As iconic outlaws, Paul Newman envied Robert Redford but in real life, they shared brotherly love

Despite their on-screen camaraderie as Butch Cassidy and the Sundance Kid, Paul Newman admitted to harboring some resentment towards the younger Robert Redford during filming.

In their roles as the infamous outlaws, Newman portrayed Butch Cassidy while Redford embodied Harry Longabaugh, known as the Sundance Kid. Their performances in the 1969 film, depicting the escapades of the Wild West duo, earned critical acclaim and four Oscars.

Following their success, the duo reunited four years later for another hit, The Sting (1973), solidifying their status as Hollywood legends.

However, Newman confessed in an interview with BBC’s Talking Pictures that he initially coveted Redford’s role as the Sundance Kid. Reflecting on their dynamic off-screen, Newman remarked, “We have a lot of fun together, we bounce off each other real well.” He added, “I would have preferred to have played Sundance. I feel a little more comfortable with that cooled-out kind of quality. I suppose it’s the easier part!”

Redford, already gaining recognition as a rising star, had earlier garnered a Golden Globe for his performance in the 1965 film Inside Daisy Clover, showcasing his talent and potential in Hollywood.

Newman had already achieved stardom with notable roles in films such as Cat on a Hot Tin Roof alongside Elizabeth Taylor (1958) and Cool Hand Luke (1967).

When Steve McQueen declined a role in Butch Cassidy and the Sundance Kid, as he did with other major films like Dirty Harry (1971), The French Connection (1971), and One Flew Over the Cuckoo’s Nest (1975), Robert Redford stepped in to star alongside Newman, who was receiving acclaim for both his acting and directing.

According to Newman’s biography, “The Extraordinary Life of an Ordinary Man: A Memoir,” the two actors were not particularly close during filming. Newman expressed frustration with Redford’s perceived unreliability, stating, “You can’t depend on Redford. You’re never sure he’s going to be there. That’s simply discourteous.”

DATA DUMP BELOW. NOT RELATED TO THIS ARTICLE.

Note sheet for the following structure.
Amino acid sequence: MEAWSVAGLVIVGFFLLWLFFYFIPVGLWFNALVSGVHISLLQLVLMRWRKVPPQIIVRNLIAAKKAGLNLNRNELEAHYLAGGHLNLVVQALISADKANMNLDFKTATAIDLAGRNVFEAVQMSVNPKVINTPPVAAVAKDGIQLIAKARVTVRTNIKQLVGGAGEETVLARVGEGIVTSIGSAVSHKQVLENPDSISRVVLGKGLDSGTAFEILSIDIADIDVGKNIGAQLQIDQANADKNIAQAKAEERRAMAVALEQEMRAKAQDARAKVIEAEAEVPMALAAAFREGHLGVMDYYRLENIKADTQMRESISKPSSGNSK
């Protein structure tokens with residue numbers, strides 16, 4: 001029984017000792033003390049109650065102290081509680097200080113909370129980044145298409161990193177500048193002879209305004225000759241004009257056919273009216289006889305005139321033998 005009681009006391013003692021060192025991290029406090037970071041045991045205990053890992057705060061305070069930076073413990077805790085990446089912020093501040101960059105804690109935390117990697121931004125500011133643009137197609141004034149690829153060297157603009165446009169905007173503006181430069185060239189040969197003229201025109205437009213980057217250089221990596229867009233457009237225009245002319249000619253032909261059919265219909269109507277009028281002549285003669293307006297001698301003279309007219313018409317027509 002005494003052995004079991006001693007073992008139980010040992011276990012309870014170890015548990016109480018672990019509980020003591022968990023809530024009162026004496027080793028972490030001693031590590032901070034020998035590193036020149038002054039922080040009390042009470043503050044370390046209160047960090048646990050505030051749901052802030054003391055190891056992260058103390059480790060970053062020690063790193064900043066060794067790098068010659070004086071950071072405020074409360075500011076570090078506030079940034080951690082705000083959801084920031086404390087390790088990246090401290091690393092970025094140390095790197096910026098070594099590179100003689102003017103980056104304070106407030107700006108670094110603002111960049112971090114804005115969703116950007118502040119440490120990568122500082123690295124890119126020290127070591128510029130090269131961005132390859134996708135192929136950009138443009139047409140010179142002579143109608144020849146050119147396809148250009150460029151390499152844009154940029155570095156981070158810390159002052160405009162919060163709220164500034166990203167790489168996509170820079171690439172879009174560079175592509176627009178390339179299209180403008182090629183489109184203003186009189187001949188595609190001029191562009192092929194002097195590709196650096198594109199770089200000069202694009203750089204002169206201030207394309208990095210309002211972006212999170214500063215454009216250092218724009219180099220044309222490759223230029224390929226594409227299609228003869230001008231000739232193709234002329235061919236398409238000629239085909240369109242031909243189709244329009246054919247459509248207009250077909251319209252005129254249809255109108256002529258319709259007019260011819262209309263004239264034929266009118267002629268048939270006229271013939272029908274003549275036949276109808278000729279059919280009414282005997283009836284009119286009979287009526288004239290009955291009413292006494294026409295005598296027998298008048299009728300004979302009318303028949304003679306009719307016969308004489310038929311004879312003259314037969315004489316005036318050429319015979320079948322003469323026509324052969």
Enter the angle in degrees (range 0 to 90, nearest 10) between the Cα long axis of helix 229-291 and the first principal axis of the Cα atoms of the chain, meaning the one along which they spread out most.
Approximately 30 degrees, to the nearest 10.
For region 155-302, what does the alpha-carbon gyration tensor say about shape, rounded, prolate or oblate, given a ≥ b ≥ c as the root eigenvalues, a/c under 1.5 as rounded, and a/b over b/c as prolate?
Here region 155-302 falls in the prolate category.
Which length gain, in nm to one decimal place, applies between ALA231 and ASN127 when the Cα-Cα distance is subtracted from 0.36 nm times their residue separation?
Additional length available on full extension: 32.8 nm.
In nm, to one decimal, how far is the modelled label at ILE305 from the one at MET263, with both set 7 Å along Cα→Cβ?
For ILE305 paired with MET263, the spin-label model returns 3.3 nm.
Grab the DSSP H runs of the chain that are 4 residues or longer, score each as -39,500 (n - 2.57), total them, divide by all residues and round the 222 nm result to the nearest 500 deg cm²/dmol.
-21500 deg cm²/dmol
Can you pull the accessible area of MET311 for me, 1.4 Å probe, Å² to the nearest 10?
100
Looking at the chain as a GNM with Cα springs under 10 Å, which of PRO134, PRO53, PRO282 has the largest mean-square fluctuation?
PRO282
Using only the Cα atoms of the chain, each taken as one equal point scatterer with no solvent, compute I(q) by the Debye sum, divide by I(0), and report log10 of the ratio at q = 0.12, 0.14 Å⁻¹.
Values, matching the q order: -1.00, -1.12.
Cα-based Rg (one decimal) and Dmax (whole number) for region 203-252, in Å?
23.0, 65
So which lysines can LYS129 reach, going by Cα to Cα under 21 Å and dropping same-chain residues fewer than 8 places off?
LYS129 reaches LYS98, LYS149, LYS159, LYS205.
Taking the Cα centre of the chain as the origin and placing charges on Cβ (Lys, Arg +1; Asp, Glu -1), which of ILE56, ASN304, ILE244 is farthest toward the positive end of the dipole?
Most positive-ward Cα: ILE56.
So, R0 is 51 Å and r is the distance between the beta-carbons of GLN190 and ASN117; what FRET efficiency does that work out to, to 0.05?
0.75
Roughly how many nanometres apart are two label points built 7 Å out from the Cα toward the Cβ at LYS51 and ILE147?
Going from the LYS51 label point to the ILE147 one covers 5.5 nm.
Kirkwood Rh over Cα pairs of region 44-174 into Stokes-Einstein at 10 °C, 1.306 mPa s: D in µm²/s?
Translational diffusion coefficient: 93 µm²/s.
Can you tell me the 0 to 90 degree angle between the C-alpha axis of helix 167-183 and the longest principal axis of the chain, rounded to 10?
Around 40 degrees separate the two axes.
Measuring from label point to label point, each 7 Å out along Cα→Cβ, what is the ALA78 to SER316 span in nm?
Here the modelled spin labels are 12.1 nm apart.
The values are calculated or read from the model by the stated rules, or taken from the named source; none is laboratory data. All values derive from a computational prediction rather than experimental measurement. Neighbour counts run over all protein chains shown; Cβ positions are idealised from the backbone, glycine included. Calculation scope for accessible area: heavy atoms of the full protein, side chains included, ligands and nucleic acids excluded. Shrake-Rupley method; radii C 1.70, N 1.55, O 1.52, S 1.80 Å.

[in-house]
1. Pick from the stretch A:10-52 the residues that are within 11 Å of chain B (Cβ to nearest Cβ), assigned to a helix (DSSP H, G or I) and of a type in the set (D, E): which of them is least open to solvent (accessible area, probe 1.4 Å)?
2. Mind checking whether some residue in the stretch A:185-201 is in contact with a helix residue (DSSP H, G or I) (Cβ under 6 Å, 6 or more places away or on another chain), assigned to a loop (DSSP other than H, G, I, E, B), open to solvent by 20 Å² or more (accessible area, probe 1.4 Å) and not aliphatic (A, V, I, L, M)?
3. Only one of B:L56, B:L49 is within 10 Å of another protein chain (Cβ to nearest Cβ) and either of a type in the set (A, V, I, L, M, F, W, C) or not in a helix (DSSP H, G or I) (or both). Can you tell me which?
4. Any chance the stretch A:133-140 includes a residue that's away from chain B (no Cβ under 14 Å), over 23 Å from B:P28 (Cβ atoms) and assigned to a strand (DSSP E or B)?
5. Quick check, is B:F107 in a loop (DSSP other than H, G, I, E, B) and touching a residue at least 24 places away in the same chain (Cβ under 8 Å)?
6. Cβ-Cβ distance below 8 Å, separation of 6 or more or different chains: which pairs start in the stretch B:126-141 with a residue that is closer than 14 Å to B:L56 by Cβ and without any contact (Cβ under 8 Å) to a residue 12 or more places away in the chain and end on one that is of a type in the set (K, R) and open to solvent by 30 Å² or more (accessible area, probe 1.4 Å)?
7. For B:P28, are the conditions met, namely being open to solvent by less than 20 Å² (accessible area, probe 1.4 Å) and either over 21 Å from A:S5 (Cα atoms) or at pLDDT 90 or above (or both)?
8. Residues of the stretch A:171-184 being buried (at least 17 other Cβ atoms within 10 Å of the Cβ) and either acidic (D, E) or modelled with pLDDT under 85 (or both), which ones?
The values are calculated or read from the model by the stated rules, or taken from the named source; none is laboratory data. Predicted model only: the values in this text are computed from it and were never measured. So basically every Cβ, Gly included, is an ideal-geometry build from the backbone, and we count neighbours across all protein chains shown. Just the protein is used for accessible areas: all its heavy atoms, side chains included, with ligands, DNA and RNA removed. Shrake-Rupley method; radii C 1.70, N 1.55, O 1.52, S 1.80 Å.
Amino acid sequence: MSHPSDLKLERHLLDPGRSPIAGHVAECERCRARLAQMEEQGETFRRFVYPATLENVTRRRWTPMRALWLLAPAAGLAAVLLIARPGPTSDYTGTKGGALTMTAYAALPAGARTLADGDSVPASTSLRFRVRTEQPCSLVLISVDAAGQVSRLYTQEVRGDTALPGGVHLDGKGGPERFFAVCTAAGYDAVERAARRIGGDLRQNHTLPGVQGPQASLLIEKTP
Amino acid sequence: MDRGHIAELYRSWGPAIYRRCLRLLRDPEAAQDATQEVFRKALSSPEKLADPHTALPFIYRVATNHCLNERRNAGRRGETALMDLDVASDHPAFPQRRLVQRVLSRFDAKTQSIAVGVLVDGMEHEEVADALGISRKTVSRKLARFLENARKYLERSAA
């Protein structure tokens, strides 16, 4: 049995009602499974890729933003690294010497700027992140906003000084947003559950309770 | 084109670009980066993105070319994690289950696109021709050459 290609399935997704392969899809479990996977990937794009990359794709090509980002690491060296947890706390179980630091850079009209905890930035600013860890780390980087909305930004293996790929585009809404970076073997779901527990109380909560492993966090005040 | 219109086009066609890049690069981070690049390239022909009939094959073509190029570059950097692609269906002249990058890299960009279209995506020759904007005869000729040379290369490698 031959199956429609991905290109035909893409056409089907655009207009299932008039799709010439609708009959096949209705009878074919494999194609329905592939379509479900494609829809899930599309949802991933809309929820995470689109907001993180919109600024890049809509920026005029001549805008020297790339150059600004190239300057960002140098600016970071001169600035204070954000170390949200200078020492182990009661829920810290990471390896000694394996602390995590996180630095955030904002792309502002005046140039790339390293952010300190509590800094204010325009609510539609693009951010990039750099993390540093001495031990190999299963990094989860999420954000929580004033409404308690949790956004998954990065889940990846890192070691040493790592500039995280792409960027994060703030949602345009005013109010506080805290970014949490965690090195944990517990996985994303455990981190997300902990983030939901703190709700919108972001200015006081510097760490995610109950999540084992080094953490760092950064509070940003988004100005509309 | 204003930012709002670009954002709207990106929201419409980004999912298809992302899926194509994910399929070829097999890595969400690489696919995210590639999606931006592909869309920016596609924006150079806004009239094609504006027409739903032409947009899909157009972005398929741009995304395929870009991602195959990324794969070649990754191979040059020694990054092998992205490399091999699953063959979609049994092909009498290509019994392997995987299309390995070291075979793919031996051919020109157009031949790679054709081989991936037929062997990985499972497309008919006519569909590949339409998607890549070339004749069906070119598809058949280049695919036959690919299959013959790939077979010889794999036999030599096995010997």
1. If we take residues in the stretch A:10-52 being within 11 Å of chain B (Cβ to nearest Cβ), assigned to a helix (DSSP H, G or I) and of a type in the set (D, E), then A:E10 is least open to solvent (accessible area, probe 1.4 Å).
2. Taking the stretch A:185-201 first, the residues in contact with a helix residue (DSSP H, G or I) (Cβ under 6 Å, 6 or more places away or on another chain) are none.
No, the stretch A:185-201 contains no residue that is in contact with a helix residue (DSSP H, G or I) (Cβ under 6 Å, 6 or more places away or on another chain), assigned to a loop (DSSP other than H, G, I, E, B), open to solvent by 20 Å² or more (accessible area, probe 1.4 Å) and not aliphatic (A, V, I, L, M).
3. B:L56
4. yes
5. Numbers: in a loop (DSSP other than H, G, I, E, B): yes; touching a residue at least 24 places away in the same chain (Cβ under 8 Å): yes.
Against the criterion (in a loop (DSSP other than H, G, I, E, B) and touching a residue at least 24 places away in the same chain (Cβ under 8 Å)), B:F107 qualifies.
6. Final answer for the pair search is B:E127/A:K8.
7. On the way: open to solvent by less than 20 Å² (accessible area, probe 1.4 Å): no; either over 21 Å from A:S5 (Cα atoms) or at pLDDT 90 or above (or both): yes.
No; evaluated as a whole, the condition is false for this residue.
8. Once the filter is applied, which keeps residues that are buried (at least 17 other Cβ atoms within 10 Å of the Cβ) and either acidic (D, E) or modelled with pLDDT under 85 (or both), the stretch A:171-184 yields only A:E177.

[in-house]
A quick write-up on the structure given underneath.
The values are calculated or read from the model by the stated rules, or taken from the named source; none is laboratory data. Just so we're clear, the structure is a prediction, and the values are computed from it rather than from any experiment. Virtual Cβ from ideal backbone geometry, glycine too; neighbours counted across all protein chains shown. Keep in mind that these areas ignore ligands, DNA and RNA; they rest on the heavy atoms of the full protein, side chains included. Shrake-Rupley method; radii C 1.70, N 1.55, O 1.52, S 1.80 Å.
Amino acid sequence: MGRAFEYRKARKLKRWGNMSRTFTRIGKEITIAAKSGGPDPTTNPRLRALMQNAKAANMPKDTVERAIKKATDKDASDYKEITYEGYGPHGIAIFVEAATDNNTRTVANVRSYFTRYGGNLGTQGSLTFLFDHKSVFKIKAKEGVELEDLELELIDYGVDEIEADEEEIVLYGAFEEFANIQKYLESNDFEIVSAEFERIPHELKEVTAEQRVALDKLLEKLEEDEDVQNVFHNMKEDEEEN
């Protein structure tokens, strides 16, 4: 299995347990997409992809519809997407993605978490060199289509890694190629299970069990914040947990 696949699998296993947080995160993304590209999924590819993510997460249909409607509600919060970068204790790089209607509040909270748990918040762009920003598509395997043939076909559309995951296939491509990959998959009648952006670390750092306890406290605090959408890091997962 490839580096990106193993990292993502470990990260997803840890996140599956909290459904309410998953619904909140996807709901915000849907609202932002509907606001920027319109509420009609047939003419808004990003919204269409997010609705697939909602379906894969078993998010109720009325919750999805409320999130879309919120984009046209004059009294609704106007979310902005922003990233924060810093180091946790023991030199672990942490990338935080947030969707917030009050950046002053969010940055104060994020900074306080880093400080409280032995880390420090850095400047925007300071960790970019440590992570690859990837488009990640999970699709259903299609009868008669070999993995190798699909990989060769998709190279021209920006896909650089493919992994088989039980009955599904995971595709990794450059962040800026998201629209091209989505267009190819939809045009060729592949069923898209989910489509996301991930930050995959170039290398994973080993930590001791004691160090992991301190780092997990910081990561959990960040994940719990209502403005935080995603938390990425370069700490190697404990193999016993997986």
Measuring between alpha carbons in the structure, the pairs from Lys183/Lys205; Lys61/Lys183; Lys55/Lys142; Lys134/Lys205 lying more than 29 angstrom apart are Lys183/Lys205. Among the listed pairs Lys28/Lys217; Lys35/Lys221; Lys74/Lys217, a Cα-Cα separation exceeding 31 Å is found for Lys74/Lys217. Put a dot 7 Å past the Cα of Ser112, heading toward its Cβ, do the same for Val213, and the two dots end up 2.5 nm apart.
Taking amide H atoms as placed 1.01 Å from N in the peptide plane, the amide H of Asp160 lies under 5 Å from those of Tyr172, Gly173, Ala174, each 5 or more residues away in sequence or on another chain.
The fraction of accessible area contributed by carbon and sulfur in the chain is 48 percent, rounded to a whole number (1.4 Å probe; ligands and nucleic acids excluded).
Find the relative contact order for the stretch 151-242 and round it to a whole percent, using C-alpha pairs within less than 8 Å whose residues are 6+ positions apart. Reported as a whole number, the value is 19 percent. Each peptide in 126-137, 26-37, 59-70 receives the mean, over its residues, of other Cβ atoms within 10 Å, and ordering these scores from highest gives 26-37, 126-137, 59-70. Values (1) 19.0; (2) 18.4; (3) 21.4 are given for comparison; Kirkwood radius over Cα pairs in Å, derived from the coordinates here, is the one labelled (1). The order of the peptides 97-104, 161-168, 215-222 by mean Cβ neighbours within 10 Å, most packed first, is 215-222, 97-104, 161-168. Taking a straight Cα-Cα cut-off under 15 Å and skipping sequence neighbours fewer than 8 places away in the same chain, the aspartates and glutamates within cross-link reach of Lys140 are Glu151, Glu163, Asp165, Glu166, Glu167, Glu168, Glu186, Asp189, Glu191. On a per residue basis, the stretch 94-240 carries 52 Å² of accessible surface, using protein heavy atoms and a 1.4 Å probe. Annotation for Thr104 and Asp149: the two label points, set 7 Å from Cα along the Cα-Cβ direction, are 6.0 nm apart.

Newman’s daughter, Claire Newman Soderlund, attributed their tensions to differing work ethics. She remarked, “My father was very much a stickler for timeliness and Bob, that was never really his strength. It was hard work for dad. He worked very hard at it because he wanted to be good and he wanted to be successful and Bob was more of a free spirit.”

Reflecting on their relationship, Redford spoke fondly of their connection forged during Butch Cassidy and the Sundance Kid. However, plans for a third collaboration, including the film adaptation of Bill Bryson’s A Walk in the Woods, ultimately fell through. Redford, who produced and starred in the film, initially envisioned Newman for a role but ultimately cast Nick Nolte after Newman expressed concerns about meeting the physical demands of the character.

Newman and Redford, both esteemed actors, developed a deep bond following their collaboration on Butch Cassidy and the Sundance Kid.

Their relationship evolved into one resembling that of brothers, with the actors residing in Connecticut just a mile apart, and their families maintaining a close connection.

Reflecting on their dynamic after Newman’s passing, Redford remarked, “We both got to know each other’s flaws pretty well. Of course, I outweighed him on that front. But knowing each other’s flaws, we just played them to the hilt and we’d try to trick each other. We’d try to surprise each other, and it was so damn much fun that it became like–it became like a scenario unto itself.”

He continued, “Paul really likes to have fun and he loves to laugh and he really especially loves to laugh at his own jokes, and some of them are just really awful. So the fact that he enjoyed them so much, you forget about the joke and you’d start to laugh with him because you’re so caught up in his enjoyment of them.”

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